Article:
Yesterday I attended a webinar about the Independent Book Publishers Association (IBPA) checklist of book standards. IBPA is hoping to change the publishing industry so that all books are judged by their quality, not by who published them. Providing the checklist to self-publishers enables them to produce professional-looking books that won’t instantly be labeled as self-published and therefore inferior. And, promoting the standards on the checklist as the standards to use to judge if a book is professionally published will result in librarians, reviewers, and bookstore buyers ignoring the type of publishing model used in favor of the quality of the book.
Brooke Warner, the publisher of She Writes Press and a board member of IBPA, presented the webinar, which was sponsored by the Authors Guild. Since joining the Authors Guild, I’ve found the organization to be a great advocate for authors, which made me trust Brooke’s opinion on book publishing standards. (I’m new to IBPA, but so far they also seem like great advocates.)
Brooke explained that the publishing industry is an old one, with entrenched standards. If an author wants a book to succeed, the book’s chances increase if it fits in. This might be hard to take for some authors, who want to rebel against standards or produce a unique-looking book. However, in this industry, the best way to succeed is to adhere to standards.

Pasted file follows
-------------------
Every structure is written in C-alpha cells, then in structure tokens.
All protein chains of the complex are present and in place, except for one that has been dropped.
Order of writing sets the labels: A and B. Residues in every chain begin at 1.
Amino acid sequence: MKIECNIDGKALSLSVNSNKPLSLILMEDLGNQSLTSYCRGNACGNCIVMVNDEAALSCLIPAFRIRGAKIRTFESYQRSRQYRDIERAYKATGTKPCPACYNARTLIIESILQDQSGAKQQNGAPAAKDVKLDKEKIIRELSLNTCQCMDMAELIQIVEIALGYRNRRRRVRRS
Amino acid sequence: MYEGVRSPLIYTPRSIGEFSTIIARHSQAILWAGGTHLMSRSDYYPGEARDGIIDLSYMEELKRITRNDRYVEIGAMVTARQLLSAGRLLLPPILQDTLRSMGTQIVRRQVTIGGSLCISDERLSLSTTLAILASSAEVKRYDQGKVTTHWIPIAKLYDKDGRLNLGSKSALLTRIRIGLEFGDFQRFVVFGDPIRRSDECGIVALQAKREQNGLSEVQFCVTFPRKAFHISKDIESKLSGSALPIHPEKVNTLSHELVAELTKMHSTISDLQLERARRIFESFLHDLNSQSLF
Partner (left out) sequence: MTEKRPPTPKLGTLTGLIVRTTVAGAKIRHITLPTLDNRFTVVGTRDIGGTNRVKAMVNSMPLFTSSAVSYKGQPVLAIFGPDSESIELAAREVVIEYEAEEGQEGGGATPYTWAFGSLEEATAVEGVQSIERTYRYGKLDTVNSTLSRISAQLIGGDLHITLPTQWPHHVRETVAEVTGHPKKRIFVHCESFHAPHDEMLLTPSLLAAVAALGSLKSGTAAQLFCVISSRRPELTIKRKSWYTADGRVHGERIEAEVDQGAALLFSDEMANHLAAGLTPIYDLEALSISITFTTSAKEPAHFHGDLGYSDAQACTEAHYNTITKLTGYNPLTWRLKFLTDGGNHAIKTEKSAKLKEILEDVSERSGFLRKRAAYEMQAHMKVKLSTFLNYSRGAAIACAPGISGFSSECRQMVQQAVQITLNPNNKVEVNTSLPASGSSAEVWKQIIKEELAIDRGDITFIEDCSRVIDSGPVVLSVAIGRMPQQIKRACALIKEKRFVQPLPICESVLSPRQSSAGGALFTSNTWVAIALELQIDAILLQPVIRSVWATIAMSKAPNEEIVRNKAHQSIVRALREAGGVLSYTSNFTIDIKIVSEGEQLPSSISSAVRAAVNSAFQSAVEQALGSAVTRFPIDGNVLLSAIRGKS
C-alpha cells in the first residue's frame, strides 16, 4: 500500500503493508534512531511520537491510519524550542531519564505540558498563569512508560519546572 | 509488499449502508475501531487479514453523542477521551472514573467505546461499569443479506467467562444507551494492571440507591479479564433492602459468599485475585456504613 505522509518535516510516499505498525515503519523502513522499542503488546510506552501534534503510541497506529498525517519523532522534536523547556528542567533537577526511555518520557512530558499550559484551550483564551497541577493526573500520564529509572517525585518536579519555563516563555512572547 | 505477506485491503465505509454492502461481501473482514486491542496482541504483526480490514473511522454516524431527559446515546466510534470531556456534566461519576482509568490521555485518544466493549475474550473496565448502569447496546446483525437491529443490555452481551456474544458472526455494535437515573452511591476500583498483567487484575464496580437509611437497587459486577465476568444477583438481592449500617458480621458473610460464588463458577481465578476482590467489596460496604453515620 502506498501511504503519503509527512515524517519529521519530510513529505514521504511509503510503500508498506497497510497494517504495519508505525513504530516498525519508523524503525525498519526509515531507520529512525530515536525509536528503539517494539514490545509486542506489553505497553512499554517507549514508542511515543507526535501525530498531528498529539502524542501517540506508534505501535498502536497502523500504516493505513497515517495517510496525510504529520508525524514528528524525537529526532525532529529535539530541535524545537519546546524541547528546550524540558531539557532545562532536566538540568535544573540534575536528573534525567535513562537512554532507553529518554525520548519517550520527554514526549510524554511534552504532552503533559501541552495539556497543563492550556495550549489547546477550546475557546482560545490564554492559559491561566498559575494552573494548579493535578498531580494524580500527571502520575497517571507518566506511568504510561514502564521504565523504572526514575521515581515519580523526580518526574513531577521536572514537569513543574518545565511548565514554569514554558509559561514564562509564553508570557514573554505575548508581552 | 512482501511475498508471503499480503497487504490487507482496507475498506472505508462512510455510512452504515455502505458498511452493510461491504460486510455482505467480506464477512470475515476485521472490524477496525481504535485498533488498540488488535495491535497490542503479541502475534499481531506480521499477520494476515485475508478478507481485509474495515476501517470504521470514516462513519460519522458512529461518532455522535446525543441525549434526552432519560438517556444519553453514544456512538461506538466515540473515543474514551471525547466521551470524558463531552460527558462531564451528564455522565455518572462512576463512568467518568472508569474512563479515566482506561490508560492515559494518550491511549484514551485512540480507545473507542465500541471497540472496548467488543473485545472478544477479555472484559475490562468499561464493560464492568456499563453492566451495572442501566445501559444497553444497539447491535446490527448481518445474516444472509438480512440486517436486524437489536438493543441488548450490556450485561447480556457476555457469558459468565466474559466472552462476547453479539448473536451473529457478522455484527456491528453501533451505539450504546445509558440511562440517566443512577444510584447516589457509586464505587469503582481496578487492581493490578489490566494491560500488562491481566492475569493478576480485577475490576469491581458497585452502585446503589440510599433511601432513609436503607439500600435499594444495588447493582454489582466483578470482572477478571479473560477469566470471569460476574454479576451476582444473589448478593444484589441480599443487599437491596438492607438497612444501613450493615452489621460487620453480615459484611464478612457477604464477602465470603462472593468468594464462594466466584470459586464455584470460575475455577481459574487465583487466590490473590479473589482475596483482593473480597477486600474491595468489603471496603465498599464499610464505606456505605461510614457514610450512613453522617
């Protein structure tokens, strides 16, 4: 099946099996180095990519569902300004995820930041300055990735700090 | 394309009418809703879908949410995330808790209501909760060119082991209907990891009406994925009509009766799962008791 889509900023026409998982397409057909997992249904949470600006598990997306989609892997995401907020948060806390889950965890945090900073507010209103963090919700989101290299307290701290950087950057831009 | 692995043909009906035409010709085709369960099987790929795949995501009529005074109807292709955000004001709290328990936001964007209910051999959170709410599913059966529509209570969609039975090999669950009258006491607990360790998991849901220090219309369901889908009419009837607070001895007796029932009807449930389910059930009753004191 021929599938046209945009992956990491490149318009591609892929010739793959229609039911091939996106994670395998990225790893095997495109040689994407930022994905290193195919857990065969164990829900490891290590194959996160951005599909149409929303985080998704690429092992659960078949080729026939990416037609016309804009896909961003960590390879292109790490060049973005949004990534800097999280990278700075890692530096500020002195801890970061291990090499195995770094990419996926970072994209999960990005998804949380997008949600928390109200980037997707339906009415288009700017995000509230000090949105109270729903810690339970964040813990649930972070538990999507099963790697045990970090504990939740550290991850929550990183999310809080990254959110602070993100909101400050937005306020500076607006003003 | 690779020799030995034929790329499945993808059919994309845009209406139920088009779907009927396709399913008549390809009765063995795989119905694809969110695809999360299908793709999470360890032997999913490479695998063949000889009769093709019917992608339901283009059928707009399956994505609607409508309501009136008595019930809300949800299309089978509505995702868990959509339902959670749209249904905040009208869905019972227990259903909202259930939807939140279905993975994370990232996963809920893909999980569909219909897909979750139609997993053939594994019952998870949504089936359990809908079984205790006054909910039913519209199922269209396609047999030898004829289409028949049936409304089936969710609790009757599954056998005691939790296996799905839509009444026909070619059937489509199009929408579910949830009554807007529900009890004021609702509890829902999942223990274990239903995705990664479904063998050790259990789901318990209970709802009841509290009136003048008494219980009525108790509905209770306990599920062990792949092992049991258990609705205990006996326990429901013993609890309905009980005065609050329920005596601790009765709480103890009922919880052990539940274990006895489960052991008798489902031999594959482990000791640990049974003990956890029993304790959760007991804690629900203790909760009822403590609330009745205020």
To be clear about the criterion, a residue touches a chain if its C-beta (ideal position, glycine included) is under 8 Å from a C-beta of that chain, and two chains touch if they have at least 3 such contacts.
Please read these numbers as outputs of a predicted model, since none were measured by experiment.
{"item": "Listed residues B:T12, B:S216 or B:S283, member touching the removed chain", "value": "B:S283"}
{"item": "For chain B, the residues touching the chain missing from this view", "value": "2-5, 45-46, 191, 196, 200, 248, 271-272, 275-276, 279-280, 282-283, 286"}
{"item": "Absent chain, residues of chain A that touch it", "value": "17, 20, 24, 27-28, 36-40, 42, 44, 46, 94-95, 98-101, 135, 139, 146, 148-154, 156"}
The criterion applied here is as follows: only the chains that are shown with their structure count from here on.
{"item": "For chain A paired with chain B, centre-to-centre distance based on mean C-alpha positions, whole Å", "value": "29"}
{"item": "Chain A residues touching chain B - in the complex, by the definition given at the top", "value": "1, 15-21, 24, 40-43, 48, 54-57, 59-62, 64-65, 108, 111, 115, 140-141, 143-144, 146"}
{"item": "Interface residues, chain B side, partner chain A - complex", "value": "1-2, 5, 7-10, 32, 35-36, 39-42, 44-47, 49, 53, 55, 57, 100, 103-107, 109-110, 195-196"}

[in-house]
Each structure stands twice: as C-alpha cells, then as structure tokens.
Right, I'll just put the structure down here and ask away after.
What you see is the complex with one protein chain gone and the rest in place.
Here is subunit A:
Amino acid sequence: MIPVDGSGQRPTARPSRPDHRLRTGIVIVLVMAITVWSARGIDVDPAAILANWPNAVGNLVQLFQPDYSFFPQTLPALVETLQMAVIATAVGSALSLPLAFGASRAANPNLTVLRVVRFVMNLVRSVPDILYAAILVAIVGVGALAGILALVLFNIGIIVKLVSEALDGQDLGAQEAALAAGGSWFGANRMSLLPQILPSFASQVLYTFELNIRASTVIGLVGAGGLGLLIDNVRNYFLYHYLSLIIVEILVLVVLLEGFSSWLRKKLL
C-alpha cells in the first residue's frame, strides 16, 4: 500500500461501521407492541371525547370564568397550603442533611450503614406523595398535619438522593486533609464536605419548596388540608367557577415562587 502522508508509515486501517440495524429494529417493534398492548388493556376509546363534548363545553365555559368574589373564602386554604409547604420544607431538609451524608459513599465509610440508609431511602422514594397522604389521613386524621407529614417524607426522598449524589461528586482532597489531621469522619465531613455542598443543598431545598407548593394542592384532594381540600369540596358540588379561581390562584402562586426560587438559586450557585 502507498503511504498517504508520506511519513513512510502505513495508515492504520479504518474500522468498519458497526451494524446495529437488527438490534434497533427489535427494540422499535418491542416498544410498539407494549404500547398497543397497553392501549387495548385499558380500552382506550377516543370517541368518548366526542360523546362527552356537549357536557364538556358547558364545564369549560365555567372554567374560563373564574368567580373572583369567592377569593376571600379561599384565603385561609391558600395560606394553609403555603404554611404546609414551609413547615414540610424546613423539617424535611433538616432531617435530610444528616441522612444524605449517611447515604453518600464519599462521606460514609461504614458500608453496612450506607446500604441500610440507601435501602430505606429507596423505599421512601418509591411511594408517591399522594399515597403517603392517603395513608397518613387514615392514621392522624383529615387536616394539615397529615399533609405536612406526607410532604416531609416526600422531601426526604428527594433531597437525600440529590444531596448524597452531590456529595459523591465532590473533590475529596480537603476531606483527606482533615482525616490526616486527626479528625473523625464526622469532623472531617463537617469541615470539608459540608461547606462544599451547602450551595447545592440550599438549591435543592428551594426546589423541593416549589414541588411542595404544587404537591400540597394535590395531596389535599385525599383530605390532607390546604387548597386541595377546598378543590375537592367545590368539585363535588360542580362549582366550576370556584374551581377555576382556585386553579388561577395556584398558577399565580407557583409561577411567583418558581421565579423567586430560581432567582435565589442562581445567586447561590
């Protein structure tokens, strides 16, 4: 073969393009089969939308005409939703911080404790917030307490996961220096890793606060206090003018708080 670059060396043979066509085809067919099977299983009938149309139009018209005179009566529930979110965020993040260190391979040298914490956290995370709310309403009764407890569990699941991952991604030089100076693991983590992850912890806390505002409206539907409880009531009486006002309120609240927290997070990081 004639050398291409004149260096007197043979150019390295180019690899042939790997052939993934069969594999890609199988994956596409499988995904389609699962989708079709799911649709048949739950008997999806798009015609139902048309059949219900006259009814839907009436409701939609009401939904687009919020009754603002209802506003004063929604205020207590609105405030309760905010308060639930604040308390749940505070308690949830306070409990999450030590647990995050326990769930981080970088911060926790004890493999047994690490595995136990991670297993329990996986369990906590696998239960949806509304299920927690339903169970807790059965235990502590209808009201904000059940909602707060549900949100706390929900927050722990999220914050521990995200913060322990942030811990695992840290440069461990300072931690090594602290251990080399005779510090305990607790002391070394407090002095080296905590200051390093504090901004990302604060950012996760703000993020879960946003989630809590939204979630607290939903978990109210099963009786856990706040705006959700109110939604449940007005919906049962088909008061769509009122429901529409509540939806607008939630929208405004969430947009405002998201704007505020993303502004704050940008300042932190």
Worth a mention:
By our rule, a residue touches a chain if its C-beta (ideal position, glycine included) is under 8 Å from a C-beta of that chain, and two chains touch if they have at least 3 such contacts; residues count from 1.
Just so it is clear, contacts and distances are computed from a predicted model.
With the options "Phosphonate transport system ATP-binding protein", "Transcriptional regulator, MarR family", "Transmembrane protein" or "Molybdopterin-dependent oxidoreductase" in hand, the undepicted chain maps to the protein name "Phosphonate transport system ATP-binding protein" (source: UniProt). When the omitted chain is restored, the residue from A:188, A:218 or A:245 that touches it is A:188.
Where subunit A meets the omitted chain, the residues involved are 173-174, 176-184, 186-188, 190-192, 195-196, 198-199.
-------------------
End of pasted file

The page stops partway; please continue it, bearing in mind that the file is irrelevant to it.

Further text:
While the content of a book will always determine how it is received, the book’s appearance can get it in the door. When I first self-published, I looked at other books to determine what I should do. This worked for the most part, but there were definitely items I missed. (I’m relieved at how much I did right! But I now squirm to see the mistakes I made.) The checklist will help self-published authors avoid mistakes that will flag their books as unprofessional.
For example, the following items are ones you might not realize are important:
There is a “half title page” before the title page
The font on the title page matches the font on the cover
There is no “By” before the author’s name
The book is edited following the Chicago Manual of Style, the standard in book publishing
Margins should be big enough that the reader’s thumbs won’t block the text
The front cover should look good as a thumbnail, which is how it will appear on Amazon and other websites
The front cover design should fit in with other books in the genre
The back cover should include the BISAC subject heading (which you find at BISG.com)
Blurbs on the back cover should not be from Amazon reviews-the industry in general does not love Amazon